The Twilight of Reason: Benjamin, Adorno, Horkheimer and Levinas Tested by the Catastrophe

The Twilight of Reason: Benjamin, Adorno, Horkheimer and Levinas Tested by the Catastrophe

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Orietta Ombrosi

Series: Emunot: Jewish Philosophy and Kabbalah
ISBN: 9781936235759 (hardcover)
Pages: 234 pp.
Publication Date: October 2011

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“Think of the disaster” is the first injunction of thought when faced with the disaster that struck European Jews during the Shoah. Thinking of the disaster means understanding why the Shoah was able to occur in civilized Europe, moulded by humane reason and the values of progress and enlightenment. It means thinking of a possibility for philosophy’s future.

Walter Benjamin, who wrestled with these problems ahead of time, Theodor Adorno, Max Horkheimer, and Emmanuel Levinas had the courage, the strength and the perception—and sometimes simply the desperation—to think about what had happened. Moved by indignation and the desire to testify, they felt the urgent need to address the cries of agony of Auschwitz’s victims in their thinking.


Orietta Ombrosi (PhD University of Paris X-Nanterre) is assistant professor of moral philosophy at the Sapienza, University of Rome. She is the author of Le crepuscule de la raison. Benjamin, Adorno, Horkheimer et Levinas a l’epreuve de la Catastrophe, (Hermann, 2007) and L’umano ritrovato. Saggio su Emmanuel Levinas (Marietti, 2010), and the editor of Tra Torah e Sophia. Orizzonti e frontiere della filosofia ebraica (Marietti, 2011).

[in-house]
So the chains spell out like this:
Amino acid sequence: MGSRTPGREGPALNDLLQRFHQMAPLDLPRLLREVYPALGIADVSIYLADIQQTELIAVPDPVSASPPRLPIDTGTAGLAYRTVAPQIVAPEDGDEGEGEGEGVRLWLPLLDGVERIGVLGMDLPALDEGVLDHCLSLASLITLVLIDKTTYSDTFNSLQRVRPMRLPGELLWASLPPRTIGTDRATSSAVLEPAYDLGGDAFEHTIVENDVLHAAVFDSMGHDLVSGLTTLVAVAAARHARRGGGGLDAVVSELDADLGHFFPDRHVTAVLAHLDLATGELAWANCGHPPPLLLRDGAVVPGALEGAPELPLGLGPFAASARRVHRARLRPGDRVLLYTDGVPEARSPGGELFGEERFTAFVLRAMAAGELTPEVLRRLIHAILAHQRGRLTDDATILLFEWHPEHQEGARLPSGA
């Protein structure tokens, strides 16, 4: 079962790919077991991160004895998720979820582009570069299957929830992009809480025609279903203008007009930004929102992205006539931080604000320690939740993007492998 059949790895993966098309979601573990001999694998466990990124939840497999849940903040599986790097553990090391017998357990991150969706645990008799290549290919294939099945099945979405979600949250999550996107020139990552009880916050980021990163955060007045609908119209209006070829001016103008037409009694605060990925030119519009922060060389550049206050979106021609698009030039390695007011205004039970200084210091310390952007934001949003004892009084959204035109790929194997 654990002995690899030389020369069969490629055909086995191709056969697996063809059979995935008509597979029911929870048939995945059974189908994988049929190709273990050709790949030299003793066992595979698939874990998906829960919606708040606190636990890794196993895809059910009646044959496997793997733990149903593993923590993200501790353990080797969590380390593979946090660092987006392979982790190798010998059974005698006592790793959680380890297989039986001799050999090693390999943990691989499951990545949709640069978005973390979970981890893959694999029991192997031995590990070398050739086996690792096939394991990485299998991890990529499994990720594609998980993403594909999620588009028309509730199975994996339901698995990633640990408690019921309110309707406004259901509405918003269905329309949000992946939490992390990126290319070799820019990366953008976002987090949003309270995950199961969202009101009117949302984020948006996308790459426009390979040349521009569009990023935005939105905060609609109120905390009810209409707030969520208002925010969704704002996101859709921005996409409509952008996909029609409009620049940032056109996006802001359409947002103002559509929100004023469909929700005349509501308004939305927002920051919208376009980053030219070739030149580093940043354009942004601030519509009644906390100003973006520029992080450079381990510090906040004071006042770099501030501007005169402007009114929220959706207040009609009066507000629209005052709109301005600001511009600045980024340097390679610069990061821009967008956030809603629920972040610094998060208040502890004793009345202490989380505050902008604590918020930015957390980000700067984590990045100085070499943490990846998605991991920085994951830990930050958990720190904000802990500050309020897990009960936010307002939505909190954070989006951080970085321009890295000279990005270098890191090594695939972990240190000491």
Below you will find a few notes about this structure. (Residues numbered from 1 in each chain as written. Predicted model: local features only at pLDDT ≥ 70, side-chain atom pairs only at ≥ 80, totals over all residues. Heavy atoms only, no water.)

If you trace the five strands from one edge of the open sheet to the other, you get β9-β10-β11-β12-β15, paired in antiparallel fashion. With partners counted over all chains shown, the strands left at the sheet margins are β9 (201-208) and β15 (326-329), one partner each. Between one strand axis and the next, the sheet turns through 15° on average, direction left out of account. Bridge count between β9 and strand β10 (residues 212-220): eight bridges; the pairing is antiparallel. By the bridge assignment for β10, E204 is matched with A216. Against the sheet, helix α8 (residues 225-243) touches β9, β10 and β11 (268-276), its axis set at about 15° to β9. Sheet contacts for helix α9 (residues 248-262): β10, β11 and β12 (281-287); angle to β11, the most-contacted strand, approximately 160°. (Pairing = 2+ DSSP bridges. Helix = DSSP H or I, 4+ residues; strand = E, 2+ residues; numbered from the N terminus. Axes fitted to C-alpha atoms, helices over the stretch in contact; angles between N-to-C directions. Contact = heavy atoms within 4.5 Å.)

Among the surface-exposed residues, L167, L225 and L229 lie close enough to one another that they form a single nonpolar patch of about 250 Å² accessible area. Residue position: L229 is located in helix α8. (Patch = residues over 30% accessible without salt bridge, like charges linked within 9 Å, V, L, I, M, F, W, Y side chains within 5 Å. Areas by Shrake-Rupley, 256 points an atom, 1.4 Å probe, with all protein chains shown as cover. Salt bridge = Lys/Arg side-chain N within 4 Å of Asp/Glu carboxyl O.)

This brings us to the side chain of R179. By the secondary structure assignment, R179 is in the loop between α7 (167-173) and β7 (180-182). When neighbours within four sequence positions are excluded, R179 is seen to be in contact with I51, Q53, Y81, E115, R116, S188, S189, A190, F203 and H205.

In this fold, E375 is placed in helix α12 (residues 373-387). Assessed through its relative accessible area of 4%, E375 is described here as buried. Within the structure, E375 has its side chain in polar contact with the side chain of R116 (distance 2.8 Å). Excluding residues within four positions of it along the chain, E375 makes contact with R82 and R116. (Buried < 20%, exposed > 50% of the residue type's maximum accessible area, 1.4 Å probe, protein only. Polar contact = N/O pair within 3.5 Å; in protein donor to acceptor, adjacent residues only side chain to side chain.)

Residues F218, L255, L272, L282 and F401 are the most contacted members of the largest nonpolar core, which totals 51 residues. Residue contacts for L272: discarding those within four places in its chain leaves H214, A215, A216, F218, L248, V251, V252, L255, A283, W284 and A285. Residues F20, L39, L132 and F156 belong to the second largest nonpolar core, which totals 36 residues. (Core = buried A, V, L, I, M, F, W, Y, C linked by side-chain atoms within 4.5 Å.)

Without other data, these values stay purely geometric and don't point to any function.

Table of Contents

Preface by Catherine Chalier
Foreword
Prelude


THE NOSTALGIA OF ODYSSEUS
Regression: subjugated in order to subjugate
The circle of the Same
Why Odysseus?
Chapter I: FACING BEHEMOTH
I. The Jews, a problem in Horkheimer’s analysis of anti-Semitism
II. Anti-Semitism: a product of civilization, according to Horkheimer and Adorno
III. Hitlerism: paganism according to Levinas
Chapter II: ON THE THRESHOLD: WALTER BENJAMIN
I. From the before to the after: catastrophes
1. Catastrophe and technological progress
2. Catastrophe and the historical continuum
3. Catastrophe and redemption
II. From the after to the before: fl ashes of remembrance
1. Dialectic of remembrance
2. Dialectic of memory and forgetting
Interlude
A PHILOSOPHY OF TESTIMONY
Silences of the witnesses
Words of the saved
The here and the now of testimony
Chapter III: THOUGHTS OF EXILE: THEODOR W. ADORNO AND MAX HORKHEIMER
I. Adorno: a “sad knowledge”
1. Philosophical thought after Auschwitz: a truth of feeling
2. Ethics of physical suffering
3. Theoretical thought in the face of pain and death
4. A death worse than death
5. Education after Auschwitz, or against coldness
II. Horkheimer: between lucid despair and mute hope
1. Reason and its shadow: self-destruction
2. Reason and nomination
3. A Jewish intellectual after Auschwitz
Chapter IV: “THE PRESENTIMENT AND THE MEMORY OF THE NAZI HORROR”: EMMANUEL LEVINAS
I. Philosophizing after Auschwitz: three lessons
II. A subjectivity of fl esh and blood
1. Subjectivity as sensibility
2. Subjectivity as vulnerability
3. Subjectivity as persecution
III. A humanism of the “suffering servant” 
1. Auschwitz as a paradigm of useless suffering
2. Ethical resistance afterwards

Conclusion
Indicative Bibliography